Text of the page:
- Keep an eye on redemptions even when it seems impossible! A number of us have noticed that notably on shorthaul, BA will still offer redemption tickets even on services which are nearly full and / or priced extortionately as revenue tickets. Even if a flight is running close to capacity there may well be Avios tickets available, particularly close to departure.

- Consider using Avios on revenue fares. You can normally use your Avios to reduce the cost of your ticket. Now there are at least two schools of thought here. Using Avios on revenue tickets is relatively poor value – generally half the value - compared to other uses such as Upgrade Using Avios or Reward Flight Savers. On the other hand you may regard Avios as a digital commodity with little intrinsic value. And this revenue ticket will bring some Avios back. About once a year BA has some promotion which improves the value of using Avios on revenue tickets.

- Remember you have 24 hours to cancel revenue and Avios tickets for a full refund and no charges. This does not apply to BA Holiday bookings, unless booked on the telephone in the UK (and various other exceptions elsewhere). So after booking a fare always check the next day to see if the same fare has fallen in price. If it has then you should have no hesitation in cancelling and rebooking. You may find it easier to do it via a telephone call - there shouldn't be a charge for this - but actually it can be done online if the cancelled ticket shows you a 100% refund on the screen. If you are within 24 hours of travel this feature doesn't apply.

- Not entirely free, but similar, there is a facility to hold your fare for 72 hours on most - but not all - sectors for a nominal fee. Your travel needs to be more than 21 days away. If you decide to go ahead with your booking then you pay the full amount to complete the transaction, and the fee gets automatically returned. You still get the ability to cancel for a full refund within 24 hours of paying that full amount (and get the fee back with it.....). The other useful aspect is that this is the only area of main revenue tickets where you can change the name of passenger after paying the fee and before -or rather during - final payment.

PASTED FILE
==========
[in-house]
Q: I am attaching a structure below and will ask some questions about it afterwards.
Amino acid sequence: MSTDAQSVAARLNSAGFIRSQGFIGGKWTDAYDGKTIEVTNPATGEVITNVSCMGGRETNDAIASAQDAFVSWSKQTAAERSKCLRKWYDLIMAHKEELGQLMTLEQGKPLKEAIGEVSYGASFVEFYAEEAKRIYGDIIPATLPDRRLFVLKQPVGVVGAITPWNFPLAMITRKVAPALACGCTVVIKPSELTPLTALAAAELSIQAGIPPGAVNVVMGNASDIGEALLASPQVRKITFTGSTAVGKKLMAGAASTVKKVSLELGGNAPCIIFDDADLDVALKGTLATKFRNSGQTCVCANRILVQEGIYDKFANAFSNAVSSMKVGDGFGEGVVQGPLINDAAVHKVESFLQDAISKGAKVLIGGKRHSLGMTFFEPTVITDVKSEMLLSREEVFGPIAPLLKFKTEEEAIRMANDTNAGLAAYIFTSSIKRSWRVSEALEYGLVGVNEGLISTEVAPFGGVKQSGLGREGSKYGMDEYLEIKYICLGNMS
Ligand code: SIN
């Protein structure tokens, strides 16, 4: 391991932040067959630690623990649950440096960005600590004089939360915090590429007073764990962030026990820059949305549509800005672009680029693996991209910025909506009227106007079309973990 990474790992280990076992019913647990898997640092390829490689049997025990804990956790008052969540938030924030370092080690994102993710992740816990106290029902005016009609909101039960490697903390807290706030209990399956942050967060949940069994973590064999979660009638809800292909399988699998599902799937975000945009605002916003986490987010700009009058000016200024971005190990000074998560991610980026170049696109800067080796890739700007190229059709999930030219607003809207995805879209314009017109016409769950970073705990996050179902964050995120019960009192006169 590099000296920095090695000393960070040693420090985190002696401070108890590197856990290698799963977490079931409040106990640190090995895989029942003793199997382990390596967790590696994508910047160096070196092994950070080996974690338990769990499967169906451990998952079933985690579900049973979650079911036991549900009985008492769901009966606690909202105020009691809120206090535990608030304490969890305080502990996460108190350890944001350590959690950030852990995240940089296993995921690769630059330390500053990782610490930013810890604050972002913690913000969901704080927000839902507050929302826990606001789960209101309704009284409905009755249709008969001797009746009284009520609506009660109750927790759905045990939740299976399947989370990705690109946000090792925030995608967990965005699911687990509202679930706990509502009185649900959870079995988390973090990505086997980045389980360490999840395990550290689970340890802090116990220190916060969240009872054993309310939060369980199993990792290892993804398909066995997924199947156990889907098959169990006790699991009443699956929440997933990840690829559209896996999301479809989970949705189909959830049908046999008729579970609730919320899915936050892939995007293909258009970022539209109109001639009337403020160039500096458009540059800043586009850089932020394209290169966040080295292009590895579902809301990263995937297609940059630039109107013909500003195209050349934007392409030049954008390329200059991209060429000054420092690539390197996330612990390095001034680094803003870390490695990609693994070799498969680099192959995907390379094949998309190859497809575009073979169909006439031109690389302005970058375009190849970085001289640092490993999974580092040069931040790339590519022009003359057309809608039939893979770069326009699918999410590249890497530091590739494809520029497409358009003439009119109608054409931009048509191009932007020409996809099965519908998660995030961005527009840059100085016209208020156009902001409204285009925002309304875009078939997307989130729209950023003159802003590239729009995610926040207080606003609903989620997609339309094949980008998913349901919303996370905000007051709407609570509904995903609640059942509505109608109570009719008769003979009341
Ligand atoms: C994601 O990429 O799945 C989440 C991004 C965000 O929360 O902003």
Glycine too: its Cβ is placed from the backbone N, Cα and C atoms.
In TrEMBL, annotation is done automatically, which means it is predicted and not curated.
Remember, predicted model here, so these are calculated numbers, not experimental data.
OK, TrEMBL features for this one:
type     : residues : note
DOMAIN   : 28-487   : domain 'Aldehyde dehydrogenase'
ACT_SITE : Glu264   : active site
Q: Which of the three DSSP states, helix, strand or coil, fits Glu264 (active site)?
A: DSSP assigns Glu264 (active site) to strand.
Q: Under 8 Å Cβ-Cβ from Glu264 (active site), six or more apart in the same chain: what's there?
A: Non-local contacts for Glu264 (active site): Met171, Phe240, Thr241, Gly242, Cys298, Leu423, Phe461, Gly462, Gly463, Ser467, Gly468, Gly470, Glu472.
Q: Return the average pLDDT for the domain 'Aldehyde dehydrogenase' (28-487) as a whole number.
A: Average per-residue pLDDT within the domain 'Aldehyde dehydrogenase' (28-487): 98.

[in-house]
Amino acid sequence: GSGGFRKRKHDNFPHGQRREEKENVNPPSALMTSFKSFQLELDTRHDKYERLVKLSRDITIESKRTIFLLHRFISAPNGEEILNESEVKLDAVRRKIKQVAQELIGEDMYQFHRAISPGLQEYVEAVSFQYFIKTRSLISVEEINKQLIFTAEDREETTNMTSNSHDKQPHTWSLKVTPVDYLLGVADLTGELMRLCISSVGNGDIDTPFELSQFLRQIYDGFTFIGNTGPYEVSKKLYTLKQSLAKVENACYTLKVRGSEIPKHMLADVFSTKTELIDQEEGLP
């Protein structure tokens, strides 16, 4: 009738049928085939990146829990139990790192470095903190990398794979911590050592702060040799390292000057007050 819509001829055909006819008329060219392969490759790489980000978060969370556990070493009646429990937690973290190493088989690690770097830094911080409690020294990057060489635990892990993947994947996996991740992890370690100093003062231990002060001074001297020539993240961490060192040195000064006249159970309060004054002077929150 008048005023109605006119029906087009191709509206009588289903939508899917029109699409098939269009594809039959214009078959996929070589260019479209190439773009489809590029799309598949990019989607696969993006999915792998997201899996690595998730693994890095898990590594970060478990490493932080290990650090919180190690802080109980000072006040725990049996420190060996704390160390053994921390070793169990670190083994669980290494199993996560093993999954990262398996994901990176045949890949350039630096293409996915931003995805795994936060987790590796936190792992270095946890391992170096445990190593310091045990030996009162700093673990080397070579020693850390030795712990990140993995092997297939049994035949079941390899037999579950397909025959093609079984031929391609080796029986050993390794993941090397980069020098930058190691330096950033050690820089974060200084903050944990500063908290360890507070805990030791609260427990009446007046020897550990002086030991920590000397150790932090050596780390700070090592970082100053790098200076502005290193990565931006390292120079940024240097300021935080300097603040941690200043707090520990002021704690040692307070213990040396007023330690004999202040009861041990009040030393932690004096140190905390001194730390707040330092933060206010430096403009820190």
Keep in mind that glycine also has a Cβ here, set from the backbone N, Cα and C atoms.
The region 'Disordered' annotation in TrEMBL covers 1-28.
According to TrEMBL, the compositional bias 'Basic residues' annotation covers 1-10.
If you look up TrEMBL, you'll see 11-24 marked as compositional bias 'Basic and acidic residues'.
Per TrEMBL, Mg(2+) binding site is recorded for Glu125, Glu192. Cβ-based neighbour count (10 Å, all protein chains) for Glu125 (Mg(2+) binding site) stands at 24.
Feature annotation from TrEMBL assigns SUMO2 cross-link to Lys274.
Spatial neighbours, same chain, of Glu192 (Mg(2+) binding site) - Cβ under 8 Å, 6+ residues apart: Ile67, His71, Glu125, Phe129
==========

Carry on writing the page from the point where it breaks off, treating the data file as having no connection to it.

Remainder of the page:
- If you are booking a trip, also consider turning it into a BA Holidays package by adding a hotel or car hire for your trip. This sometimes forces the fare into a lower hidden fare so that it may be cheaper than a normal cash fare. This is particularly true if you are in a premium cabin and not able to spend a Saturday night away. If you don't check-in to the hotel or collect the car then there is no further comeback. In the case of car hire, if you do pickup the car but change the collection or return to a different date from that booked then there may be extra charges, so be careful on that one.

One way or Single tickets
On longhaul services, one way, single tickets are often very expensive. This is what you can do about them.
- Consider using Avios / redemptions, which even in World Traveller can then become good value and often have good availability.
- Buy a return ticket. Not using the return has no implications, even Contact Centre staff may suggest you buy a return. However still book the most plausible date well in advance, you never know how things may turn up, and it may even be upgradeable to a higher cabin for a sensible price after the first leg has been taken.
- Consider alternative airlines which sell single sectors at more competitive prices, such as Iberia and Aer Lingus
- Look at the low cost IAG airline Level - you can use Avios on Level, but they have to go via the Iberia website, so you need to set up an Iberia+ account, credit something (e.g. a hotel stay) and after 90 days you can transfer Avios from BA to Iberia. BA household accounts won't be able to transfer however.
- Think more broadly. For example if you need a LON-SIN service, may be separately you need a KUL-DUB service several months later. You could buy a LHR-SIN//KUL-LHR service as an open jaw return instead. The gap between the two cities needs to be less than the other legs.

Codeshares